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Suffering and sacrifice in the major poetic works of David Jones
This dissertation explores the theme of suffering in In Parenthesis (1937) and The Anathemata (1952), the two book-length works by David Jones.^ In In Parenthesis Jones uses the pain of soldiers in the trenches of World War I to represent the spiritual suffering of those who, like Jones, experience modernity as an affliction. While Jones writes tenderly of the soldiers' physical and emotional ordeal, his chief concern is with the metaphysical suffering the men experience as they witness the collapse of their familiar world into a landscape neither recognizable, lovable, nor meaningful. Out of their dismayed sense of dislocation the soldiers create an affectionate brotherhood which extends to the enemy soldiers and to all soldiers of every time and place. This community offers an analogy for the connection over time that Jones urges his readers to cultivate--the connection of English speakers with worlds of experience evoked in Welsh, German, and Latin words, and in dense clusters of cultural allusion.^ At the center of The Anathemata are the cross, through which God enters time and joins humans in their suffering, and the eucharist, through which Christ makes the fruits of his sacrifice available to his fellow sufferers, signifying and effecting a community among believers. Through language which describes and embodies the cultural variety of Britain, The Anathemata explores the regenerative meaning of Christ's cross through multiple allusions to sexuality and fertility, and provides through the eucharist a metaphor for the community Jones seeks. Both of Jones' major works, then, suggest the possibility of community grounded in shared history and generated by shared suffering.^ My dissertation unfolds this interpretation of David Jones through close reading, fresh examination of some of Jones' sources, and the introduction of perspectives lent by cultural critics and theologians. I aim to show that Jones offers original contributions to our sense of the possibilities within modernism, and, more crucially, our understanding of the place of the imagination in responding to the catastrophes of this age. ^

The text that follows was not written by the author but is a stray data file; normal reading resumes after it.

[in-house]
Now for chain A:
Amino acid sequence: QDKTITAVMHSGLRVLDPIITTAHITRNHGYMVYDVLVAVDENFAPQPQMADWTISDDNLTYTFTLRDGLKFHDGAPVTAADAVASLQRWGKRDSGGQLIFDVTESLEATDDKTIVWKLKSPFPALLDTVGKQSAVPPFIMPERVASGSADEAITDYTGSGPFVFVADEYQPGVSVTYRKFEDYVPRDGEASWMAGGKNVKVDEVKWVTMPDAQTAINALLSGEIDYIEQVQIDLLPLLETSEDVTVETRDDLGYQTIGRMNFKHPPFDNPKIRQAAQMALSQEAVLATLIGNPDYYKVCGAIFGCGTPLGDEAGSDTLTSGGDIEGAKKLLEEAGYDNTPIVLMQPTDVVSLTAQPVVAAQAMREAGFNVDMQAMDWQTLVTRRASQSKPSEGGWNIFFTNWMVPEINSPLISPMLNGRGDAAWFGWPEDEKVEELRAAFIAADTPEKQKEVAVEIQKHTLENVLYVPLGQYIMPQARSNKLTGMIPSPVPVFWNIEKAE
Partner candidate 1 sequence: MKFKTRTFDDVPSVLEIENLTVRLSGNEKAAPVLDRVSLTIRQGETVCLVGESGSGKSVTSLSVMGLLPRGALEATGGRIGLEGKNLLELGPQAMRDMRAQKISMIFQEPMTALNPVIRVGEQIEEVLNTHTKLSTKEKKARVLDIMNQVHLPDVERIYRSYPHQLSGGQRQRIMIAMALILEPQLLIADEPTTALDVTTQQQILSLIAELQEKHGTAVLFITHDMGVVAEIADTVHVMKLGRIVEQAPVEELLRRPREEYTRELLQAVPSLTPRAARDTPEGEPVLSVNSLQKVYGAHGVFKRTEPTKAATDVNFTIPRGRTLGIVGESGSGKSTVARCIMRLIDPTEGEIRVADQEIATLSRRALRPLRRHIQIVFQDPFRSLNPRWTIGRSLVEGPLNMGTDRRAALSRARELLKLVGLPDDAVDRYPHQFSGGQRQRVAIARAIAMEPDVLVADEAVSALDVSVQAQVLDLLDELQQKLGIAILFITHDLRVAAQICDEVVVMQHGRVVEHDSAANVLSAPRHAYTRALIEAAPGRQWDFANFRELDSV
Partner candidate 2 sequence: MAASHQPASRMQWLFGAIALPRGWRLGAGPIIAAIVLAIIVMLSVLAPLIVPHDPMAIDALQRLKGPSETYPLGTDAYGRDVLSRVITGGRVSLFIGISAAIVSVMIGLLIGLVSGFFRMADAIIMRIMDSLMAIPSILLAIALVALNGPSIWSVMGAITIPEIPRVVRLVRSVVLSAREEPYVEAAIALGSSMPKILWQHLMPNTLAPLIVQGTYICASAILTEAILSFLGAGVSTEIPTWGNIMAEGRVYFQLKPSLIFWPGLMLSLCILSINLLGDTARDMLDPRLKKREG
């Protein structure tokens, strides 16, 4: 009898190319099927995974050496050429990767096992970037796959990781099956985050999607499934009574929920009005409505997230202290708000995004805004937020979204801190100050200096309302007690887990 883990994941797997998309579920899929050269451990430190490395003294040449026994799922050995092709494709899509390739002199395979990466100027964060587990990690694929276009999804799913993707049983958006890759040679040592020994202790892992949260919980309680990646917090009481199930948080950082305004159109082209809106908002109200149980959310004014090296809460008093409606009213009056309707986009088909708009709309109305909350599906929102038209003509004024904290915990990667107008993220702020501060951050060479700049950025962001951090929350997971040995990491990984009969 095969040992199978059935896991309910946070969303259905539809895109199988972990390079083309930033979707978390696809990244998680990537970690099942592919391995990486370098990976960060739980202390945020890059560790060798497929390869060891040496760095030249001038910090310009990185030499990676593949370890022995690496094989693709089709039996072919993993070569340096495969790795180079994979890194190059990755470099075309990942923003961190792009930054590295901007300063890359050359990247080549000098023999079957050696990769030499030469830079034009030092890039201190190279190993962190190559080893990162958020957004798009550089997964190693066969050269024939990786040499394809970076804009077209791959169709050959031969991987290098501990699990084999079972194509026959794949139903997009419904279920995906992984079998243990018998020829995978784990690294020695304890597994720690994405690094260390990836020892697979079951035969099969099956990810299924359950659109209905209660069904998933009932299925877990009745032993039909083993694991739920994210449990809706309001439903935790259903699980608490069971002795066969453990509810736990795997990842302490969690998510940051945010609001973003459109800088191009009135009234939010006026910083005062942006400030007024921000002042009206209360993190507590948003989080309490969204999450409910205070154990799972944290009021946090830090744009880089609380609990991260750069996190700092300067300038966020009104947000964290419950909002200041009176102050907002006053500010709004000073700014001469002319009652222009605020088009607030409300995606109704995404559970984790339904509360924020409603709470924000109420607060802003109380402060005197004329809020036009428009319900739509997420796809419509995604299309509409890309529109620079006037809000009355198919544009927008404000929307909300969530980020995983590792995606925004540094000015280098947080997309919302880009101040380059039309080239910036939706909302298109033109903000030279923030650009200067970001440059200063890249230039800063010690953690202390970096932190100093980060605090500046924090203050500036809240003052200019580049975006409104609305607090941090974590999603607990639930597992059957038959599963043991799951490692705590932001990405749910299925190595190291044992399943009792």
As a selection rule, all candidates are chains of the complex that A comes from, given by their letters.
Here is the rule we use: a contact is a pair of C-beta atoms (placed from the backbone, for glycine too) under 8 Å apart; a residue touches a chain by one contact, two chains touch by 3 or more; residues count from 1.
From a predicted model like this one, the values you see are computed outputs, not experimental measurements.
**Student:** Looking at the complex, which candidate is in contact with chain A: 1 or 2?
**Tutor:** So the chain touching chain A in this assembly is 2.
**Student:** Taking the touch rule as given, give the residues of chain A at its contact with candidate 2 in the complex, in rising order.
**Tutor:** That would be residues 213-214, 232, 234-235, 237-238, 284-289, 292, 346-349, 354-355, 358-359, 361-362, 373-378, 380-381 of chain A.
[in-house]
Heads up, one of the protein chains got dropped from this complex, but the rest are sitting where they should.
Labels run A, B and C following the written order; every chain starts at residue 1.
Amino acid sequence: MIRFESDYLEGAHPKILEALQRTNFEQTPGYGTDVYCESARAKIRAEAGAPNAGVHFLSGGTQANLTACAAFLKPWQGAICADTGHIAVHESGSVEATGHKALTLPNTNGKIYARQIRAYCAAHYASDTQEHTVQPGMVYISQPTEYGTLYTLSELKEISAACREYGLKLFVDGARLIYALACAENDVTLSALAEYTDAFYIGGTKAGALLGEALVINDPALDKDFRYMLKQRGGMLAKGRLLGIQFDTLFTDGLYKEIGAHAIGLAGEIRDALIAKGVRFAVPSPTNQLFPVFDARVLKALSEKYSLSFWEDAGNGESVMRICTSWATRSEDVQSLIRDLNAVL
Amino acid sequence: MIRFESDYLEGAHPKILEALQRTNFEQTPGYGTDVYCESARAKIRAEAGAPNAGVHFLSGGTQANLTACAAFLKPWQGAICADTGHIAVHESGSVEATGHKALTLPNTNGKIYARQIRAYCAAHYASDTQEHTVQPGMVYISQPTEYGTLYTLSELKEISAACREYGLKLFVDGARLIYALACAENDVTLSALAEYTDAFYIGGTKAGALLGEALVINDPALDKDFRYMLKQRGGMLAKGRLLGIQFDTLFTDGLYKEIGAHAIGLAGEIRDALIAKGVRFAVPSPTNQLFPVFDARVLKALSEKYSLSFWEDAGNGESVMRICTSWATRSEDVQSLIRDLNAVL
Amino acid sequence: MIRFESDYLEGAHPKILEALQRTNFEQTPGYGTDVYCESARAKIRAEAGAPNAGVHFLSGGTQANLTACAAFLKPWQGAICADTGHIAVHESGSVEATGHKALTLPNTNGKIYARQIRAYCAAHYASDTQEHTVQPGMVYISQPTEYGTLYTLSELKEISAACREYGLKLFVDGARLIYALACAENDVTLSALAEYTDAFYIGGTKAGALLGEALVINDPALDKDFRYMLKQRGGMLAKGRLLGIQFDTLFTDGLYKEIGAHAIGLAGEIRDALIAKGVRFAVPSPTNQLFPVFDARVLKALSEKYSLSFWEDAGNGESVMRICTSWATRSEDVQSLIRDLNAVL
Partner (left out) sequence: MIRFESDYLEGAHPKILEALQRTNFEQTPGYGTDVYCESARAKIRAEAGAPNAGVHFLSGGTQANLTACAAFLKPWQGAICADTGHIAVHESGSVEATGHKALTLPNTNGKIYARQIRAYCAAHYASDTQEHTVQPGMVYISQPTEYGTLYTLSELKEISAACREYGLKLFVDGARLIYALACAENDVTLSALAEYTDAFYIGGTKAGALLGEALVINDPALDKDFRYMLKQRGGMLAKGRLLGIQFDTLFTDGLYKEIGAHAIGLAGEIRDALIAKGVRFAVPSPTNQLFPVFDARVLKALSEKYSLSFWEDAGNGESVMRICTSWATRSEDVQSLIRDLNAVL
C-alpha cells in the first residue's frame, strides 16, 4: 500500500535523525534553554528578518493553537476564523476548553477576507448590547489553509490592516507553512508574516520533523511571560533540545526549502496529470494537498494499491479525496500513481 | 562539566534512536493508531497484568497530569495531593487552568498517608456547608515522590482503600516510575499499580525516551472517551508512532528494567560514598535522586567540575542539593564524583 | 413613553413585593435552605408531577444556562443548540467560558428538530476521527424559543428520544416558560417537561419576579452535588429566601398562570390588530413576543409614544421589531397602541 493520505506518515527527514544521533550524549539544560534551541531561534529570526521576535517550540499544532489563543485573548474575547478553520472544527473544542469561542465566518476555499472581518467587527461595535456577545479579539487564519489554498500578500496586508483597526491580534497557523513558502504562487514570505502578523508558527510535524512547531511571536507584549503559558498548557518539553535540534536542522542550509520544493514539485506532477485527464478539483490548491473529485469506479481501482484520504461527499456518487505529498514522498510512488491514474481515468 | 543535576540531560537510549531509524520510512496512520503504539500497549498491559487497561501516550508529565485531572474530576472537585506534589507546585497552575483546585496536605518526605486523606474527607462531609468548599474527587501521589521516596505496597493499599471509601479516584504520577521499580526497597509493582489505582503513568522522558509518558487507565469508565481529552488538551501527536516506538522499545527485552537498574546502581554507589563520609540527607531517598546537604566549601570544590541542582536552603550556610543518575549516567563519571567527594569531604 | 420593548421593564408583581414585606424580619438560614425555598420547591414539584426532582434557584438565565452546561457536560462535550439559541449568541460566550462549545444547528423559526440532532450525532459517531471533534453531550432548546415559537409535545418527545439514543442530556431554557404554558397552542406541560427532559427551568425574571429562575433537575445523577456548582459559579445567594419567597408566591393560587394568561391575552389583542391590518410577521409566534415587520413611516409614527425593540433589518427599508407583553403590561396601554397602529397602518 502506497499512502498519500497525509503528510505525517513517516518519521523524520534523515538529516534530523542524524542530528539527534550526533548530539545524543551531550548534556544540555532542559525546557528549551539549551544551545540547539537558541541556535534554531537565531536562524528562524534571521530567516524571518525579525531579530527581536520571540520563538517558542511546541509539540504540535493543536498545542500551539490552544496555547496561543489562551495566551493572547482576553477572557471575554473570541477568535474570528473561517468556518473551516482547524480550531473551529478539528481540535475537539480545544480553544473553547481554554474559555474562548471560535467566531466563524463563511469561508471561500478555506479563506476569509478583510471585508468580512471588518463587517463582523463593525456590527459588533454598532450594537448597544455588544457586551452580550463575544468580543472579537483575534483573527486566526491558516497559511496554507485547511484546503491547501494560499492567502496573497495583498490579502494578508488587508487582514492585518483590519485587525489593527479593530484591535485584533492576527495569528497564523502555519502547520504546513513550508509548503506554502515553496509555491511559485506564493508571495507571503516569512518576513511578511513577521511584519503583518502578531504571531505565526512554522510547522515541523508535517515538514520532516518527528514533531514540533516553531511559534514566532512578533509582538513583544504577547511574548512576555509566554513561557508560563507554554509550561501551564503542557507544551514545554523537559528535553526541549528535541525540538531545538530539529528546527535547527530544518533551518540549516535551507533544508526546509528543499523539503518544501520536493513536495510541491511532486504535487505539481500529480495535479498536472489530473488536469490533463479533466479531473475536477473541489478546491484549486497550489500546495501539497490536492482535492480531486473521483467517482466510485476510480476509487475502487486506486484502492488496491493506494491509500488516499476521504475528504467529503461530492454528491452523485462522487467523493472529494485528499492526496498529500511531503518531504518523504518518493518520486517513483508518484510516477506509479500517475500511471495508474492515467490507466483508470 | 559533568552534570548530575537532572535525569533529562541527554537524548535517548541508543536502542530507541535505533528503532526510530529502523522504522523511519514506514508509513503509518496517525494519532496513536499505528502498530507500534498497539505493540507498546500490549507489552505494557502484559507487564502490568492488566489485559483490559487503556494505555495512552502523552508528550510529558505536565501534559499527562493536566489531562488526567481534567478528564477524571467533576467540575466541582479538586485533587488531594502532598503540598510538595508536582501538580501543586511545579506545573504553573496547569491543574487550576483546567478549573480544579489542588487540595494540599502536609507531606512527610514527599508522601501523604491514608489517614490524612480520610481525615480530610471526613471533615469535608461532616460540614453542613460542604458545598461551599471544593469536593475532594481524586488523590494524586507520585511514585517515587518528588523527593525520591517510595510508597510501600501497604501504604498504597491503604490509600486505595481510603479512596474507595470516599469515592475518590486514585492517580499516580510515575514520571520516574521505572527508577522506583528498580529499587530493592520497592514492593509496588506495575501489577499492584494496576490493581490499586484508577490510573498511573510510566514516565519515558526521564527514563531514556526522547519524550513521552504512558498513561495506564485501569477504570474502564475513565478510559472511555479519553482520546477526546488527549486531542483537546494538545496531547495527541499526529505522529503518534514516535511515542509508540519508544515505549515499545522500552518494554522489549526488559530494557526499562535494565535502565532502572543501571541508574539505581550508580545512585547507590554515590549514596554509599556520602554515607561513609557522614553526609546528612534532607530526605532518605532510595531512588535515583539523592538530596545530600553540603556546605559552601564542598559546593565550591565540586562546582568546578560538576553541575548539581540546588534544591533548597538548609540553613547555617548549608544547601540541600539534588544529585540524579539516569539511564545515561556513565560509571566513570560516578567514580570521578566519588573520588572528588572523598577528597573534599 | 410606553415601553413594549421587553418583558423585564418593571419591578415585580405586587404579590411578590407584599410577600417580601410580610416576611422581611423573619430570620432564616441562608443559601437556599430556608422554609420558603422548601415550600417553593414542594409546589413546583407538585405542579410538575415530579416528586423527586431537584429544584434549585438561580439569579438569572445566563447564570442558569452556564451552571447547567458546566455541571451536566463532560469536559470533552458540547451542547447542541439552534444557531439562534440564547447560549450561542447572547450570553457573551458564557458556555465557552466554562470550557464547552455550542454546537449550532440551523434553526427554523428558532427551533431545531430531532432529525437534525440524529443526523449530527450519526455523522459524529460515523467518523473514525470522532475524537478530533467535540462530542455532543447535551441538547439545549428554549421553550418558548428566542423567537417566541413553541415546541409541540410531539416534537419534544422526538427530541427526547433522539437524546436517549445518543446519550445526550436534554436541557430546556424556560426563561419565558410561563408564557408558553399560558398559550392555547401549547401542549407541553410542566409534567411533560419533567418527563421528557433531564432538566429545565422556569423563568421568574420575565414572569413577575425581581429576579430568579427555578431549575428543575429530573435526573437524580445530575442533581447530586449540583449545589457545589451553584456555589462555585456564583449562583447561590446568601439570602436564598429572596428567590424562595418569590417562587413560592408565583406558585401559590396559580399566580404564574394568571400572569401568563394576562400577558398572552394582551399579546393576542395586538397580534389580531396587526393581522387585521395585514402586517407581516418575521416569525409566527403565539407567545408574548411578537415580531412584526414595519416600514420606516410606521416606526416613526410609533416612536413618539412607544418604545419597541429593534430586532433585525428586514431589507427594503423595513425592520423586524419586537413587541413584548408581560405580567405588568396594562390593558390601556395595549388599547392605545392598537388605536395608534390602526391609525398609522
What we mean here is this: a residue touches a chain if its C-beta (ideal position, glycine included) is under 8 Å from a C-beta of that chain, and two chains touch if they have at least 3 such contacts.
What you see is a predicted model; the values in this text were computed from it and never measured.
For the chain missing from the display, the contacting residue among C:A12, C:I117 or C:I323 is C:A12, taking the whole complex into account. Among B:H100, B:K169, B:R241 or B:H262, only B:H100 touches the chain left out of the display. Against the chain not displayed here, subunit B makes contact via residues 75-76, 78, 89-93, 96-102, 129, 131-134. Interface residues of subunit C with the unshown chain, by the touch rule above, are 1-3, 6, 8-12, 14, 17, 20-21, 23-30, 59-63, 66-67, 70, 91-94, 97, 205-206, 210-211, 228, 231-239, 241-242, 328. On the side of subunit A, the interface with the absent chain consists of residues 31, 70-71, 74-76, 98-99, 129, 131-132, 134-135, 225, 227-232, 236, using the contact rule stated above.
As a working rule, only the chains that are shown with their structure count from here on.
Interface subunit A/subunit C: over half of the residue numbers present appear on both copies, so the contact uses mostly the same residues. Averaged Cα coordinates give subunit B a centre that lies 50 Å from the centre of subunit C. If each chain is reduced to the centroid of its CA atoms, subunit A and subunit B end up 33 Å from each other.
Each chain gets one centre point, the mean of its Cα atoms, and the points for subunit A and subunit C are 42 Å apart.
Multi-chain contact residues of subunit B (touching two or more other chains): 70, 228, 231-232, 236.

Margaret E Smith,
"Suffering and sacrifice in the major poetic works of David Jones"
(January 1, 1997).
Electronic Doctoral Dissertations for UMass Amherst.